The Tasting Panel magazine

July 2010

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Page 90 of 96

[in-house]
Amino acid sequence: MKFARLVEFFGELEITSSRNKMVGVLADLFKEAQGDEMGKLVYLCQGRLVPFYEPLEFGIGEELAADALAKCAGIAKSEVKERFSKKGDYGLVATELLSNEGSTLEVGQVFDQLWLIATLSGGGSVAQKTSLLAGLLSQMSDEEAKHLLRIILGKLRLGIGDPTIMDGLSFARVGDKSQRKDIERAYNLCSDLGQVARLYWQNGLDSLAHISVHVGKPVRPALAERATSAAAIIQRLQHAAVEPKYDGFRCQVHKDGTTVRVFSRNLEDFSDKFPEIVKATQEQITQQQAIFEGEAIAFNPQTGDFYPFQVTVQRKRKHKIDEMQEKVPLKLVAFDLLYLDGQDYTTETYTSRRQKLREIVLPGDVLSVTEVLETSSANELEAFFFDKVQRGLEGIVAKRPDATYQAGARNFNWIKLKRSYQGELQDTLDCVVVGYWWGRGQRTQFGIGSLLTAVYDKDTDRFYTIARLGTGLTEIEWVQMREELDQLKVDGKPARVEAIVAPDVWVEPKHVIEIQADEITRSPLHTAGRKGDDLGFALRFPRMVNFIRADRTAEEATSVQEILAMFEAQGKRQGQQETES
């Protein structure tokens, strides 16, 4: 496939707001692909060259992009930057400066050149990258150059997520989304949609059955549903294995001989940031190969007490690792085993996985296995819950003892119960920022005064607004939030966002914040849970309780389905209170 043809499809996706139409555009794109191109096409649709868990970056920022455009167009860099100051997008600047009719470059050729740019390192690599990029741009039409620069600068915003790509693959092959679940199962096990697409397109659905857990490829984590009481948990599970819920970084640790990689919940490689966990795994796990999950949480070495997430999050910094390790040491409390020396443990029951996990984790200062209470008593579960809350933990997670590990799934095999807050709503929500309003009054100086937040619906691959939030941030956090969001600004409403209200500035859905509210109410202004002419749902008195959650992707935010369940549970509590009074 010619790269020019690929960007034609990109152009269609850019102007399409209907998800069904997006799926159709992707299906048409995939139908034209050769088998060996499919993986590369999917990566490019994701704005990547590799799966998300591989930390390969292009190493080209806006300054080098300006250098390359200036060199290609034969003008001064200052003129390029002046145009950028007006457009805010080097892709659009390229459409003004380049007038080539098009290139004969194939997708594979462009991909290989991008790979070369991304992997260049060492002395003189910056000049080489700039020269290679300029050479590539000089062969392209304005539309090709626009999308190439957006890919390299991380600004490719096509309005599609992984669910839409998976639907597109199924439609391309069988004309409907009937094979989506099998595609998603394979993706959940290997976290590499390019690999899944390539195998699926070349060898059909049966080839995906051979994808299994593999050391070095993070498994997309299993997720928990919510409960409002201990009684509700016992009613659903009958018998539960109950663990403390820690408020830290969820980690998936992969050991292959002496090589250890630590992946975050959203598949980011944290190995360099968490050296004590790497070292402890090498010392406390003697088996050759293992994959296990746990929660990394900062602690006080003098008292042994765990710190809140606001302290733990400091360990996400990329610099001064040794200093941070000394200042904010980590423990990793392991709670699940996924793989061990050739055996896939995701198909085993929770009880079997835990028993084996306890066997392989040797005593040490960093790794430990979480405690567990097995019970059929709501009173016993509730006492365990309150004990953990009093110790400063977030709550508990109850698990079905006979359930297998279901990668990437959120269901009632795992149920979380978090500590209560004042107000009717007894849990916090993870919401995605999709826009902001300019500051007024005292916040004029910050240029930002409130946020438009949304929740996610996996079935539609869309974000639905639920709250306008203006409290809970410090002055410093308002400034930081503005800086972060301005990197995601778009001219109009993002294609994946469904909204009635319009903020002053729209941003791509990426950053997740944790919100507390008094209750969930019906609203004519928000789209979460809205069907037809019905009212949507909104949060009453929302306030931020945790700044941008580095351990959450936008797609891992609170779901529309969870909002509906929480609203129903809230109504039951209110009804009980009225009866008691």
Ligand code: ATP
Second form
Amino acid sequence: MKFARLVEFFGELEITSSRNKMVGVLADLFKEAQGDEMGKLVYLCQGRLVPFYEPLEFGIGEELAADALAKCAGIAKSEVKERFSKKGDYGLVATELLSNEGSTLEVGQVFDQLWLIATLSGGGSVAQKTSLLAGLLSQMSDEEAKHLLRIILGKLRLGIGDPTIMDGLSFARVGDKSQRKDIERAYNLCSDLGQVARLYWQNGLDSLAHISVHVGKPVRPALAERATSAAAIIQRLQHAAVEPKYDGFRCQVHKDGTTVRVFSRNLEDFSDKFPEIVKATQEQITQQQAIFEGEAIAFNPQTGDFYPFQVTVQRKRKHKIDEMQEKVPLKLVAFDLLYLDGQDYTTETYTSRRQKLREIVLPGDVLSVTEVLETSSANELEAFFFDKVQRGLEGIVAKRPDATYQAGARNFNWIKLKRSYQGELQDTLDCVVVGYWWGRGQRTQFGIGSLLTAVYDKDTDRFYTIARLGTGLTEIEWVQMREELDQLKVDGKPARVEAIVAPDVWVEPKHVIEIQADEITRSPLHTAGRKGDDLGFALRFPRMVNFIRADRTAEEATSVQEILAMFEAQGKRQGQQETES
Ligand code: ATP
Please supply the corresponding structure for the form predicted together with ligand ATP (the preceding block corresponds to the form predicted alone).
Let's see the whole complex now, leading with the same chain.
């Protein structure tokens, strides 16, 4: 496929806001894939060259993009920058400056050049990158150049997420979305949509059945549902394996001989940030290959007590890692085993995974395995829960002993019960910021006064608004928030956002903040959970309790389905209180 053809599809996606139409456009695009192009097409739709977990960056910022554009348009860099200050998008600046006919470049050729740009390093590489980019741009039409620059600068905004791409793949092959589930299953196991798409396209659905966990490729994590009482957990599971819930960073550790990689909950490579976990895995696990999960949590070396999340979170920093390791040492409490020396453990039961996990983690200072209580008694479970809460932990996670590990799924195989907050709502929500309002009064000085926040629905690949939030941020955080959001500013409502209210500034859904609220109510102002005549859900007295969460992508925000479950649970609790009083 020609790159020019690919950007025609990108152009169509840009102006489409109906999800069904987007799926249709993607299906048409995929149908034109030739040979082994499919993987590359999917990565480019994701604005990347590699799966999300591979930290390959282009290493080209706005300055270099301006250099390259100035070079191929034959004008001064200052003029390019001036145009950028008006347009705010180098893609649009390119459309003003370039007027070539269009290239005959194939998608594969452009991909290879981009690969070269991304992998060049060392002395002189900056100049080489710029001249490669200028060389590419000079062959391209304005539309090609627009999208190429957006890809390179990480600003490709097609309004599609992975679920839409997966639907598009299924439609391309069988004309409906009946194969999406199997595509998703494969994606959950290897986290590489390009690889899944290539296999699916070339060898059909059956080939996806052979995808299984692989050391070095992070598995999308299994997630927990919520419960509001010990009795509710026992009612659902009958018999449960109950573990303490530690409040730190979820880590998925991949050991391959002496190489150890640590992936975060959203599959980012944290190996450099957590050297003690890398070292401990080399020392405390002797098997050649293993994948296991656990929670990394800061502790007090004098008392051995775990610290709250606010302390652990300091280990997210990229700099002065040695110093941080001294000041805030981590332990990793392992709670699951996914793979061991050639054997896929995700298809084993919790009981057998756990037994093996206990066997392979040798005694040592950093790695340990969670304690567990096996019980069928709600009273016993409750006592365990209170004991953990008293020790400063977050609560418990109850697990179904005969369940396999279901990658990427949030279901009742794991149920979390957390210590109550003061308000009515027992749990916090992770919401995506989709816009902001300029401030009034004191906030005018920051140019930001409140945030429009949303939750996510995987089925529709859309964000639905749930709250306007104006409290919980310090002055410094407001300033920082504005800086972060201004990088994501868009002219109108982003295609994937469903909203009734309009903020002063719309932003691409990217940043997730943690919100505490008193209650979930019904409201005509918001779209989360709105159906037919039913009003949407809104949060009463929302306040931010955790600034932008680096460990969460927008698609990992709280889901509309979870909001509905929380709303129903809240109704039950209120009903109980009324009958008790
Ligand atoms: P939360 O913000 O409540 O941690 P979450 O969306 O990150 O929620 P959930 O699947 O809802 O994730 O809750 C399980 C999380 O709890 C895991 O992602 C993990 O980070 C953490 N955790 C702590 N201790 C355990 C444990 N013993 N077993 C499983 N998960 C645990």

A Lone StAR LIFE Finding Their Champion ARE TEXAS WINES READY FOR THEIR CLOSE-UP? BoBBY CHAmpion THINKS THEY ARE by Anthony Head / photo by Kirk Weddle fi fth-largest wine-producer, which is why I fi nd it strange that within the borders—and despite the fact that 95 percent of all Texas wine is consumed by Texans in Texas—there’s still so much room to grow the culture, and so much of a need to get that famous Texan pride gathered into a groundswell behind Texas wines. Because Texas has that need, Texas also has Bobby Champion. With a name like a super- hero, Bobby Champion (it’s fun to say, too) is the State Coordinator for Wine Marketing, an offi cial post with the Texas Department of Agriculture (TDA). He wants all y’all to know about Texas wines, but his tasks include con- vincing the wine industry as a whole that when the tide comes in, all the boats can fl oat. “We have an incredible amount of coopera- tion from the growers and winemakers, and lots of interaction between government agencies, university programs and the private industry. We just need more of them to take advantage of the resources we have,” Bobby Champion tells me when we meet in June. Based in Austin, he’s affable enough, and thoroughly committed to his position. “I have one of the best jobs in the state, no doubt about it, because [wine] is a young and dynamic industry here.” O Dynamic? Certainly. But young? Hardly. Texas has a longer winemaking history than anywhere else in the country; its taproot dates back to the Spaniards making wine in the 1600s where El Paso stands today. Yes, Texas and wine go way back. What Bobby Champion means when he says the industry is “young” is that the modern era of Texas wines began around 1970. Commercial viticulture was undertaken in earnest; even still, 90 / the tasting panel / july 2010 utside of the state, the world can be forgiven for not knowing that Texas is wine country. But it is the nation’s the past four decades of growth have been so slow that when Bobby Champion took his job with the TDA in 2003, there were still only 42 wineries in the state. “We’re over 200 wineries now,” Bobby Champion points out, adding that they’re part of a $1.35 billion industry that employs about 9,000 people. The recent growth spurt can be traced back to 2001, when legislators passed House Bill 892, “The Texas Wine Marketing Assistance Program,” which originally earmarked $500,000 for two years of wine marketing. Something must have gone right, because in 2005, the stipend increased to nearly fi ve million. So the industry is bourgeoning, which means so is the TDA’s mission. In its way, it’s helping to develop the industry as a whole. Bobby Champion earned a horticultural degree from Texas Tech, so he understands the growers’ side of things. Part of his budget includes grants to grape growers to increase acreage. We need to just showcase Texas as Texas. Some day, with time, the comparisons to Napa will drop off .” When it comes to the marketing side of his desk, he admits the bulk of the work is overcoming one obstacle: “Perception is a problem—perception of quality. Great wines can be made here. We really want consistency of quality across the board. People need to get out and try some Texas wines and when it comes to my budget, I want to make sure every dollar spent is quantifi ed.”

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